Market Abuse systems will be able to detect this “Pinging” as they form a known pattern. An example of this pattern would be a small buy order entering the dark pool and getting filled, and then a small downward price move on the market, followed by a large dark pool order being entered and filled. The gaming client is looking into the dark pool, and then trading a small amount on the primary market to move the price, and then trading a much larger order in the dark pool at a better price.
    Dark pools may also be used to detect instruments where large blocks only exist on a single side, which will likely lead to price moves in the underlying stock. This could be checked by detecting small buy and sell orders being sent in quick sucession for the same instrument.

  3. Christian Voigt says:

    It seems to me that difference between manipulation and normal interaction is the intention to trade. On the one hand, it is perfectly fine that a trader pings a pool, if the trader needs to trade into a specific direction. But on the other hand, some traders may enter orders into a dark pool without having an intention to actually execute. They only want to learn about the resting liquidity in that market and make a profit off that information. An actual execution in that dark pool is merely a cost to obtain information. I would consider the second case as manipulation.

    Unfortunately, traders do not like to express their true intentions if you ask them. Thus, you have to observe their behaviour in order to infer their intentions. The proposed changes by ESMA seem to aim exactly at that. I believe investment firms and trading platforms have to start to think much more about trading intentions of their orders.

  4. Robin Strong says:

    Pinging dark pools is normal behaviour. Most buy-sides would actually put a meaningful but small order into a pool, rather than trying a single share order e.g. I have to shift 1,000,000 shares so I might put 10,000 into a dark pool to see what fills I get, if any, and decide whether to place more or look elsewhere. That’s what our Spotlight algo does as part of its normal operation. Systematic patterns of pings would be picked up by market abuse systems, as per Bruce’s comment. If a buy-side gets a bit excited and “over-pings” the onus looks like being on the sell-side providing the DMA/SA to intervene.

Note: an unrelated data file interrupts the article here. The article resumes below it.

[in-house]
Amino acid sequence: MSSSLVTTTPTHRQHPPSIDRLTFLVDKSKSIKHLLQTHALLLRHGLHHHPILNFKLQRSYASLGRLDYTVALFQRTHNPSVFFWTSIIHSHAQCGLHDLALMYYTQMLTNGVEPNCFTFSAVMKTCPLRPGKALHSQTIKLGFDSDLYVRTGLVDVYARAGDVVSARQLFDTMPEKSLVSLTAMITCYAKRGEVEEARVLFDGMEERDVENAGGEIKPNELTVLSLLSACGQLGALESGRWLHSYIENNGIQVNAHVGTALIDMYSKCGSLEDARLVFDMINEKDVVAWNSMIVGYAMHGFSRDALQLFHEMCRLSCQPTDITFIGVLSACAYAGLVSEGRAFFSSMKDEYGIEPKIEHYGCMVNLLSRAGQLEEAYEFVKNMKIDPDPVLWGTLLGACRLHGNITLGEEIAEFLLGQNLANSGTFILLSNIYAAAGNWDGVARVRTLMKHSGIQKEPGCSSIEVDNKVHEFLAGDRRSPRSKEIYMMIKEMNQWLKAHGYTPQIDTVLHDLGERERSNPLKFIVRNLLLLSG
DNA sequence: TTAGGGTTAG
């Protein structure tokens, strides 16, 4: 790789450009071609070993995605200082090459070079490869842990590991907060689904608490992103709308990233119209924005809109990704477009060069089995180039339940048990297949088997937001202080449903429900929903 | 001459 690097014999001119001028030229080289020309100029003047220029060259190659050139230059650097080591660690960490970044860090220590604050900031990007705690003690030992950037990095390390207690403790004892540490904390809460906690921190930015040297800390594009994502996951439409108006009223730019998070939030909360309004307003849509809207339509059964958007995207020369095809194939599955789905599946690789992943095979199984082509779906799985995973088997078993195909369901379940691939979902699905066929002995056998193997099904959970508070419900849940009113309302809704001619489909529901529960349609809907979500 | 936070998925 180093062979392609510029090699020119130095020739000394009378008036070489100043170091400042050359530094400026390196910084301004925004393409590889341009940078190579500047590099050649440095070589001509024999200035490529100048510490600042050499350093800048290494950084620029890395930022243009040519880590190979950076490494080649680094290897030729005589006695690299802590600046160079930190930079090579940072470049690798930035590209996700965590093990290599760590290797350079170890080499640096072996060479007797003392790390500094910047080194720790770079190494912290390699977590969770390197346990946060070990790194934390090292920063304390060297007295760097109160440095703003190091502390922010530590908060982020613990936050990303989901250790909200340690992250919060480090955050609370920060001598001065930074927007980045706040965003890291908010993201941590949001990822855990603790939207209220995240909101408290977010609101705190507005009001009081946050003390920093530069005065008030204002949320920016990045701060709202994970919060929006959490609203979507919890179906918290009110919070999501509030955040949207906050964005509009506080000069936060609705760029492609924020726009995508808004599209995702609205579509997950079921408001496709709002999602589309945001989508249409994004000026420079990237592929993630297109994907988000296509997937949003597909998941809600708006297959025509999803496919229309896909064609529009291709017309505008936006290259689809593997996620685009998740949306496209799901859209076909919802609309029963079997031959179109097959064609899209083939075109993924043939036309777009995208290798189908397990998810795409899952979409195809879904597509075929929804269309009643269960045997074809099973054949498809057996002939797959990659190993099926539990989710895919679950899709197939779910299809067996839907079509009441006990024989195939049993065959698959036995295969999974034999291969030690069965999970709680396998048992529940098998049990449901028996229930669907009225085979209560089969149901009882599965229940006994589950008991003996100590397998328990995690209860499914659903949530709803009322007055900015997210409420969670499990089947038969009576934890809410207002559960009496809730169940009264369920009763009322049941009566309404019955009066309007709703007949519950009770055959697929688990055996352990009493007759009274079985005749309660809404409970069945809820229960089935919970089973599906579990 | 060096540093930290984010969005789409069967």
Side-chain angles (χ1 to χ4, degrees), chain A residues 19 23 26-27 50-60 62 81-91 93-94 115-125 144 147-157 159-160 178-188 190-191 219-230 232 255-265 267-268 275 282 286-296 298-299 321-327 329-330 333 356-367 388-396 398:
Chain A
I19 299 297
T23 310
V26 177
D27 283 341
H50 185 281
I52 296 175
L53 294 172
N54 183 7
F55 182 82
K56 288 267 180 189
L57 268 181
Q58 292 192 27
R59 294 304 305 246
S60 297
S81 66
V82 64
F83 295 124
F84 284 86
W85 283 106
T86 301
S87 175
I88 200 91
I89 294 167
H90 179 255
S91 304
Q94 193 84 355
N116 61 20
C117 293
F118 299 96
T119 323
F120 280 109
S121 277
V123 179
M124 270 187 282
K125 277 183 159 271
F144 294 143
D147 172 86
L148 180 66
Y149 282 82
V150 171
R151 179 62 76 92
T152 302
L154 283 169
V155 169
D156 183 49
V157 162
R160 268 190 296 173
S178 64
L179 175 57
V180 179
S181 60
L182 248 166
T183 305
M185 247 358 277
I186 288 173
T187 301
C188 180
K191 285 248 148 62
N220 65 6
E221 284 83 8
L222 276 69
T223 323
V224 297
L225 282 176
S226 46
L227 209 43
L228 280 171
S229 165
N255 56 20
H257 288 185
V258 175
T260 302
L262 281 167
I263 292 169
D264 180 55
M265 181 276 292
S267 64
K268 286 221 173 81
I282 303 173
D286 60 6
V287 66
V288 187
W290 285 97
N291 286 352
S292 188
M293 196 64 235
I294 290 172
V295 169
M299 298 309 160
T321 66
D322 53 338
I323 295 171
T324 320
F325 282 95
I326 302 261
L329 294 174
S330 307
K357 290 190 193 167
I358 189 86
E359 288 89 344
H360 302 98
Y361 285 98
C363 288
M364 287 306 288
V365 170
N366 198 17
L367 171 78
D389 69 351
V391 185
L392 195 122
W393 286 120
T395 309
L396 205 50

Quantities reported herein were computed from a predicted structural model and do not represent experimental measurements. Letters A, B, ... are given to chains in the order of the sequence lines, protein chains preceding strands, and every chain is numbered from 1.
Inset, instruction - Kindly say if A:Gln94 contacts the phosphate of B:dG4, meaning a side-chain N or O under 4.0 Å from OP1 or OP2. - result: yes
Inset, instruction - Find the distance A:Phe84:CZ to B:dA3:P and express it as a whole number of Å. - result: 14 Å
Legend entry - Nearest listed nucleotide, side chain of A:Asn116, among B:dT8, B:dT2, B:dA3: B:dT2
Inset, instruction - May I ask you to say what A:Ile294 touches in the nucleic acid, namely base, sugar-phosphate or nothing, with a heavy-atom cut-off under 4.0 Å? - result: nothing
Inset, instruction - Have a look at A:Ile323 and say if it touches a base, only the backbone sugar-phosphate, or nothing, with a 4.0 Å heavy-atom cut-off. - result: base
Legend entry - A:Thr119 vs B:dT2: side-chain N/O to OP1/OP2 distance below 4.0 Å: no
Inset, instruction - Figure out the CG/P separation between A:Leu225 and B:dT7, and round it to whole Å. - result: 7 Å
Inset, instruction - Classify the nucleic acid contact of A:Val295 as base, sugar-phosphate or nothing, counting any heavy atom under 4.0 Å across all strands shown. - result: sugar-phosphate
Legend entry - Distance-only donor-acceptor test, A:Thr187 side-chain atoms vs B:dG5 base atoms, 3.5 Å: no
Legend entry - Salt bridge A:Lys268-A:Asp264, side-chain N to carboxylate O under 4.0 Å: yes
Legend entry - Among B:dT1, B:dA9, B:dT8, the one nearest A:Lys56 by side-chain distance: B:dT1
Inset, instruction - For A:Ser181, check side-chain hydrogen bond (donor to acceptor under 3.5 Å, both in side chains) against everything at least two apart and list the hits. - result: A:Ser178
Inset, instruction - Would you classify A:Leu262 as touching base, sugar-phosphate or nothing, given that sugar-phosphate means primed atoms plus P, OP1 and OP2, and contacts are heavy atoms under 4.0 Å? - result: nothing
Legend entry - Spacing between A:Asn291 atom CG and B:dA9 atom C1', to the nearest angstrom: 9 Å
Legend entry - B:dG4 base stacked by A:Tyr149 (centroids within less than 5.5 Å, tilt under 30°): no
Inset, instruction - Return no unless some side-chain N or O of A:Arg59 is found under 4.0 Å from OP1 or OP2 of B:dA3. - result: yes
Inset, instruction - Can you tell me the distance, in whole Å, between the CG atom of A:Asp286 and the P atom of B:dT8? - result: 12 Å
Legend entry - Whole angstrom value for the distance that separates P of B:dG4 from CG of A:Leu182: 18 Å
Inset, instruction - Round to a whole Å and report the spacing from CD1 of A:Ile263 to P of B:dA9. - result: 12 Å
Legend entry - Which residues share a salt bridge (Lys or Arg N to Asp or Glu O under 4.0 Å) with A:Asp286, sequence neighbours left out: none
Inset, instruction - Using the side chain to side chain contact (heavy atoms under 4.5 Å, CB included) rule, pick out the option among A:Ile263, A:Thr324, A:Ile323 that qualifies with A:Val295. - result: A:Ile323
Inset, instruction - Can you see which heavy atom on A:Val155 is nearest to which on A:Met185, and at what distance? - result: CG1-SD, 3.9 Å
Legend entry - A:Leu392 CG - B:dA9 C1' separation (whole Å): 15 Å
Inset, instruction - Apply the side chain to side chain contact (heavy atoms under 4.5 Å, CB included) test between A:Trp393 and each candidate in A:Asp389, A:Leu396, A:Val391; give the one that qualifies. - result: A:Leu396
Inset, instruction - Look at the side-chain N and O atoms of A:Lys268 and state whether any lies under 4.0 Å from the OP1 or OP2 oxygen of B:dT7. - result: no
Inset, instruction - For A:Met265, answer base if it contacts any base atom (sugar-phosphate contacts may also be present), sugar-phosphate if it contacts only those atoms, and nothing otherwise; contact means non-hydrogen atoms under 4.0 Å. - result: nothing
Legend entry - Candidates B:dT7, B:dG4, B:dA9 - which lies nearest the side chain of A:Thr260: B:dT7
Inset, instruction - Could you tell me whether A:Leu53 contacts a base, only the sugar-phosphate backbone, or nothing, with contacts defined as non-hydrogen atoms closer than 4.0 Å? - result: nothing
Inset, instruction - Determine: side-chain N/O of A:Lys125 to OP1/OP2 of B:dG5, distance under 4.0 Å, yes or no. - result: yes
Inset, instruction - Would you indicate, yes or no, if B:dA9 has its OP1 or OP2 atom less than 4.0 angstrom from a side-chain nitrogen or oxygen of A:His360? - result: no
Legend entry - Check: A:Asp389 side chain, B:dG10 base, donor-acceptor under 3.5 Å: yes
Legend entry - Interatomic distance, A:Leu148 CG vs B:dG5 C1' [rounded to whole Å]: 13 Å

Quote stuffing is a very unique abuse issue and is really an attack against an entire exchange or market and is already illegal under various rules. Layering is also already illegal under the US regs, and possibly under MiFID too as it is clearly market abuse! (as per the Trillium case a couple of years ago) I guess the issue is explicitly defining it to avoid offenders getting off on technicalities and to determine who is responsible for detecting it – you need to have all the quotes and all the trades from all lit and dark venues in one place to detect it. There are two different types of ramping – one (“this stock is hot, Hot, HOT!”) is perfectly legal, again as I understand it, except when you have access to insider information. The other is very similar to layering and probably already be covered by the regulations. Having said all that, removing grey areas is always useful and helps clarify what is legal and what isn’t…